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This is my account table:

CREATE TABLE mwUser (
  username varchar2(20) primary key not null, 
  salt varchar2(64) unique not null,
  hashedpw varchar2(64) not null, 
  email varchar2(320) unique not null 
);

When I register a new user with my java webservice I automatically generate a random salt and store in the database base (see code below):

Connection c = dataSource.getConnection(); 
Statement stmt = c.createStatement();
boolean isFound=true;
String randomSalt="";
while(isFound){
   isFound=false;
   String randomSalt=createRandomString(); //creates salt/random string
   ResultSet rs = stmt.executeQuery("SELECT * FROM mvUser where salt="+randomString);
   //check if salt is unique
   while (rs.next()) {
     isFound=true;
   }
}

Statement insertStmt = c.createStatement();
String hashedPW=hash(randomSalt+pw); //generates hashed pw
ResultSet rs = stmt.executeQuery("INSERT INTO mvUser VALUES(.....));

stmt.close();
c.close();

But as you can see, from my point of view my code is not clean/performant/readable because I have two statements (for checking if salt is unique and and second statement is for inserting).

How can I automatically generate an unique string(salt) and hash it at the same time. I am trying to make my code more performant and read able.

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4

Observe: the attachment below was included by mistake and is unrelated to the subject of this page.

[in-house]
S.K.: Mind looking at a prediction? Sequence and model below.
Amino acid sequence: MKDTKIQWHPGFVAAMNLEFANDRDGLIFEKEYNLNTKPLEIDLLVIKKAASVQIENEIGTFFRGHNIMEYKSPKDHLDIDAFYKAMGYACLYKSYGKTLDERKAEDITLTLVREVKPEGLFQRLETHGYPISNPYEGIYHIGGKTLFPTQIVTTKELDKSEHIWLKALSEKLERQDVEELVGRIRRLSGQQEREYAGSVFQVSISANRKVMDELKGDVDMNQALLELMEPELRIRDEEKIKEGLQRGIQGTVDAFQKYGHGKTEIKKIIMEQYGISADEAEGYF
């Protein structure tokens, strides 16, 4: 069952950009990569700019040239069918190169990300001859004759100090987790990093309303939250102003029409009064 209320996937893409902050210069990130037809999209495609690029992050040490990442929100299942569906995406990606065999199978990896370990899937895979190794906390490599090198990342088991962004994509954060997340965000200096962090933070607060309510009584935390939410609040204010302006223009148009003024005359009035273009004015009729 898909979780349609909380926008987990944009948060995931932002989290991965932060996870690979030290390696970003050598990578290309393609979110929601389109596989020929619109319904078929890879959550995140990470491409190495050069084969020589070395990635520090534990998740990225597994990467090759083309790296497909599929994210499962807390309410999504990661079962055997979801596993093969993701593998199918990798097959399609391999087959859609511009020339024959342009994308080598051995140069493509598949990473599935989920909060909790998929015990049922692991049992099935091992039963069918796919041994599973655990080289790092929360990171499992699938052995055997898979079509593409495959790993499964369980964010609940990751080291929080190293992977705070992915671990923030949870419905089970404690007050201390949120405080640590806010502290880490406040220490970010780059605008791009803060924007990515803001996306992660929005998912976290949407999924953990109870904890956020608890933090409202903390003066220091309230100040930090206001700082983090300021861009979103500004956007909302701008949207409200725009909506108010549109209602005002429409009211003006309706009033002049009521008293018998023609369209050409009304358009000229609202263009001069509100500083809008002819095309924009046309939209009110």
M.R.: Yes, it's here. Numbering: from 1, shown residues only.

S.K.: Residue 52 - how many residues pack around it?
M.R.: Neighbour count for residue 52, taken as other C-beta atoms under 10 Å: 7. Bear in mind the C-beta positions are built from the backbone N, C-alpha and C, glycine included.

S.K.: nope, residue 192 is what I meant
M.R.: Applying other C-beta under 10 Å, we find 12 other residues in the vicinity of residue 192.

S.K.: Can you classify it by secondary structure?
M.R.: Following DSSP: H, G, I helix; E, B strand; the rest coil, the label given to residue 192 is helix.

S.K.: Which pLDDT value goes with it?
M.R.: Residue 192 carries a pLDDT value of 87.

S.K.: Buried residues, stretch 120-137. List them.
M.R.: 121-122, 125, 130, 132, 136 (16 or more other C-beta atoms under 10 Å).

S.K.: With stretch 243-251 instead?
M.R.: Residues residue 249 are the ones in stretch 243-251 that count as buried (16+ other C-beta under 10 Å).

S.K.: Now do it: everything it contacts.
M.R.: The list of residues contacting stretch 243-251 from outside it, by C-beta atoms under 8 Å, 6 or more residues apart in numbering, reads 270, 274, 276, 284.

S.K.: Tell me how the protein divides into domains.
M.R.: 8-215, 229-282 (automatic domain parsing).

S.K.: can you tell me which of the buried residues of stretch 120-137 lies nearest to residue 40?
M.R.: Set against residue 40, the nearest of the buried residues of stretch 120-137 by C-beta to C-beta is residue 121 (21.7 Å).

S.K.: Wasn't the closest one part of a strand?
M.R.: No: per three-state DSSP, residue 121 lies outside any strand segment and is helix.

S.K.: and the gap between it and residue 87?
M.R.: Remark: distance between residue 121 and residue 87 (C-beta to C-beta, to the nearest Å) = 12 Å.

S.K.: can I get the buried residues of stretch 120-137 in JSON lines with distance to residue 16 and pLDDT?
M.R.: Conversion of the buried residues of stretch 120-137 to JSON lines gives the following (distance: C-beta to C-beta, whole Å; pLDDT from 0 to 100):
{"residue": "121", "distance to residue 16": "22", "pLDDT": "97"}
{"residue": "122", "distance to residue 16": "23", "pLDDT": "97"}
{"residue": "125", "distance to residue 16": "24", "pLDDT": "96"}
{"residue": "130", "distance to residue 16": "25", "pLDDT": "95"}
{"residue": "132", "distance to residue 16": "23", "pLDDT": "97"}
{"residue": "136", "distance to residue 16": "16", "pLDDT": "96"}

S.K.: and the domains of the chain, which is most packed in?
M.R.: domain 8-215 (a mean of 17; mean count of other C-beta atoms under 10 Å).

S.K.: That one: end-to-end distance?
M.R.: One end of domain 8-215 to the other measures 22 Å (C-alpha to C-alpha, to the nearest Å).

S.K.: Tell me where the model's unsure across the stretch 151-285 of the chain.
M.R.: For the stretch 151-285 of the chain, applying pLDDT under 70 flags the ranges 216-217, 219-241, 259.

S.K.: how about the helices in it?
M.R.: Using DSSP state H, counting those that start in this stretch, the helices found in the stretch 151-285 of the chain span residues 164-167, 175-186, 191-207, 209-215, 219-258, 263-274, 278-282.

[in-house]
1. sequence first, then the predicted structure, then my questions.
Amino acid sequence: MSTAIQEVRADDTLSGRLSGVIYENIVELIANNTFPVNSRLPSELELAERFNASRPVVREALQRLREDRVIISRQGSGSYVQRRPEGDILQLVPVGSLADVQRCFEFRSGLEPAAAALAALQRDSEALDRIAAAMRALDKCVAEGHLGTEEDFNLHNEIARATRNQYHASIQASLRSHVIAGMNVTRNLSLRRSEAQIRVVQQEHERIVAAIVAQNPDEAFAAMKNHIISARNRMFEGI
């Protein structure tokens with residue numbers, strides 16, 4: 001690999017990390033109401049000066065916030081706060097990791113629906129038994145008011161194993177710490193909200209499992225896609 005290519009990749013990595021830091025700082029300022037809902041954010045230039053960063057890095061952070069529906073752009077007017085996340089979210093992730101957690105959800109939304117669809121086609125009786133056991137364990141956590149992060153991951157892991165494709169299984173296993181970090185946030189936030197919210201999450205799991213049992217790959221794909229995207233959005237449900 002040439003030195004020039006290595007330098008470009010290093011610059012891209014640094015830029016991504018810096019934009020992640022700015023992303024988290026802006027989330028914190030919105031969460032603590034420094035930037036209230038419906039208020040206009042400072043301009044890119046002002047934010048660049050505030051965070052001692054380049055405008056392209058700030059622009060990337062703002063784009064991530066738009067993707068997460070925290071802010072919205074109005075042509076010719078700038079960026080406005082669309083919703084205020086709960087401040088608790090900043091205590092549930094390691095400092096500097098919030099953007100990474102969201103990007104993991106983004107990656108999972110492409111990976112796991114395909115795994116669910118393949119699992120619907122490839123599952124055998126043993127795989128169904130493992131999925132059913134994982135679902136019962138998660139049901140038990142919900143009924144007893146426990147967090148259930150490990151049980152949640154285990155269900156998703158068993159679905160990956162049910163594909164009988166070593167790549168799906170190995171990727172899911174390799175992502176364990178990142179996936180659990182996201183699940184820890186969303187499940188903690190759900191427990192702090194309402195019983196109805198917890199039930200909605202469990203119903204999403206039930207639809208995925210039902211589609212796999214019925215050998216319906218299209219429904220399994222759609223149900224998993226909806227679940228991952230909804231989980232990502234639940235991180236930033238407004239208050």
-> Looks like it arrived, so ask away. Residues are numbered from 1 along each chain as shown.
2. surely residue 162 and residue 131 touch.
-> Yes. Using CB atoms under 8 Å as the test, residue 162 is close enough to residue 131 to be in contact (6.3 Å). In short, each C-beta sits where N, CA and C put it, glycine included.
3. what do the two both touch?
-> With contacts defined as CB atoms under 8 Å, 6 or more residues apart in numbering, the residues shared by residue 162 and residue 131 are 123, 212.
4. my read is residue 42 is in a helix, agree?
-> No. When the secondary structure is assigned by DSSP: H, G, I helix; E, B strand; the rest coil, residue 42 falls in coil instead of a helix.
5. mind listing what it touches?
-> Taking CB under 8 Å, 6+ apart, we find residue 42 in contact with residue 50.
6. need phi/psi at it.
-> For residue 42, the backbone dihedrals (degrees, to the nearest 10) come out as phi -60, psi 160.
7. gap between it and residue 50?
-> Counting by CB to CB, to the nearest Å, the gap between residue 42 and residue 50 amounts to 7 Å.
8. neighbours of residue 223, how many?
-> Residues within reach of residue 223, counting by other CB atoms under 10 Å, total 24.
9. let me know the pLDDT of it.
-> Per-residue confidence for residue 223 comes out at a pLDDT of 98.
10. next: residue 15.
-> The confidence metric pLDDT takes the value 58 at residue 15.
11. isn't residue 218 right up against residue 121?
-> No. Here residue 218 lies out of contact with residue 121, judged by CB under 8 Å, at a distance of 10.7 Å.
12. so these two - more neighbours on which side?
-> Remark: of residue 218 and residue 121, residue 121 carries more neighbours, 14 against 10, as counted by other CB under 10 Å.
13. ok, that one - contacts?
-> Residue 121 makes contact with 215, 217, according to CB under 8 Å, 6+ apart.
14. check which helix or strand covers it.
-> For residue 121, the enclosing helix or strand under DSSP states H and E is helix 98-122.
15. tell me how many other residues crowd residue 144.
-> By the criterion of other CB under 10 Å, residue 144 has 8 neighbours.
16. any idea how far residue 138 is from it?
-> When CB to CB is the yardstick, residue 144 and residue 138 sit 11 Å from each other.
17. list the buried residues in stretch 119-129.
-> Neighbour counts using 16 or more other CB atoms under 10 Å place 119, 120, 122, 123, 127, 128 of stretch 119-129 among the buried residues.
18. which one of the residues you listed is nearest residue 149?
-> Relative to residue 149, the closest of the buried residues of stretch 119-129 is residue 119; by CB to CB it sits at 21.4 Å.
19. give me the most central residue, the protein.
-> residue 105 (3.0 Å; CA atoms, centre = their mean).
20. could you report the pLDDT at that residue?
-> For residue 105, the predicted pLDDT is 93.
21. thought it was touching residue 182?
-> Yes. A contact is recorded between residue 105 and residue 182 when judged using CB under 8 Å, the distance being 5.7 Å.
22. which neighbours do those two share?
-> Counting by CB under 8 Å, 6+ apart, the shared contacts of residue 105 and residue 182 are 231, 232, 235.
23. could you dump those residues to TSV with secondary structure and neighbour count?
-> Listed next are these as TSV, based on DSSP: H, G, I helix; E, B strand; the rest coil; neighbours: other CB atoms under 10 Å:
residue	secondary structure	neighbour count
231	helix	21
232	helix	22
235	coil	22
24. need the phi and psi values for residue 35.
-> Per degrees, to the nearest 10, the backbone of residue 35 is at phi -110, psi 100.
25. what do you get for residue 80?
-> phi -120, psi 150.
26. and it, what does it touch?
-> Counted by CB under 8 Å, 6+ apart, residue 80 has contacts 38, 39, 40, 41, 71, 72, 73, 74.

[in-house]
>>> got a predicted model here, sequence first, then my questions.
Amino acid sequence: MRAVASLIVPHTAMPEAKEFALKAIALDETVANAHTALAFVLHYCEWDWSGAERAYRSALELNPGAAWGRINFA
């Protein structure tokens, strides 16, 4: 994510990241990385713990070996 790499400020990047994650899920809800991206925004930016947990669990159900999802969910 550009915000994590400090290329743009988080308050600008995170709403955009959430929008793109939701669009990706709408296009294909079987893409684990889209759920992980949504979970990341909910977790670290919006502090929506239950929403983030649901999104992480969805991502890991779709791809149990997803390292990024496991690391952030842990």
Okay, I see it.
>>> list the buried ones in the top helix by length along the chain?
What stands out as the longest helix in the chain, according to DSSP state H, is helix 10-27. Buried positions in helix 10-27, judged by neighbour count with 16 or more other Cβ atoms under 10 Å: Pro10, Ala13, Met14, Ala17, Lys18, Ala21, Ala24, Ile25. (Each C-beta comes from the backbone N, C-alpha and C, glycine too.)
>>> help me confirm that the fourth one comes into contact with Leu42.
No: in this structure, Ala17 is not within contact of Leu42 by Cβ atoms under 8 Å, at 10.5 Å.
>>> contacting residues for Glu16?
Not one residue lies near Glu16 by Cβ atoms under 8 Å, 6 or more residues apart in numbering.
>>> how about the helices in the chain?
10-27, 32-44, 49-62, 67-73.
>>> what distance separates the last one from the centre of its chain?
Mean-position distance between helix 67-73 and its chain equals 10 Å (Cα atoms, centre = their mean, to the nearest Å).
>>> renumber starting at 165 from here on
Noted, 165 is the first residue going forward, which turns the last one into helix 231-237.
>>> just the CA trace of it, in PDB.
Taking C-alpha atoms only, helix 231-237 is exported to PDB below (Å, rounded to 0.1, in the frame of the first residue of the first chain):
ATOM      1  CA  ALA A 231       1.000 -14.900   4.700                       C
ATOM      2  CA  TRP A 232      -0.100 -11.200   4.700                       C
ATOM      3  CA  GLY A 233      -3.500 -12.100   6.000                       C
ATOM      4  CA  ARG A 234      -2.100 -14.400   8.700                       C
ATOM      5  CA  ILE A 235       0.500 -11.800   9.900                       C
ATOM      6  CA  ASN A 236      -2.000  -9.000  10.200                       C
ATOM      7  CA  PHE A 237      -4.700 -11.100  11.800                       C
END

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Please use best practices in general when dealing with password hashing.

  • If you have to verify the database for your generated salt to be unique, you're using a bad salt generator. Make sure to focus on using a good generator instead.
  • Your hash function also seems weak. Consider using key stretching.

This should not be required:

while(isFound){
   isFound=false;
   String randomSalt=createRandomString(); //creates salt/random string
   ResultSet rs = stmt.executeQuery("SELECT * FROM mvUser where salt="+randomString);
   //check if salt is unique
   while (rs.next()) {
     isFound=true;
   }
}

And for hash, I would expect something like below, where hash is an established hash library (PBKDF2, bcrypt, scrypt, ..).

var hashedPW = hash(iterations, randomSalt, pw);
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  • 1
    \$\begingroup\$ but even a good salt generator doesnt ensure that the salt is unique? The likelihood that the salt already exsists is just smaller? \$\endgroup\$ – Lebron11 Jun 12 at 10:14
  • \$\begingroup\$ @Lebron11 Exactly, and in combination with a variable number of iterations, even if two users happen to have the same plain text password and salt, they would end up having different hashes. \$\endgroup\$ – dfhwze Jun 12 at 10:25
  • 1
    \$\begingroup\$ And even if they don't, the chances of that happening are extremely small. So I doubt there's much risk after that. I mean, what attack is going to abuse 2 random users having the same hash if you don't know which 2 users it's about? \$\endgroup\$ – Mast Jun 12 at 12:53

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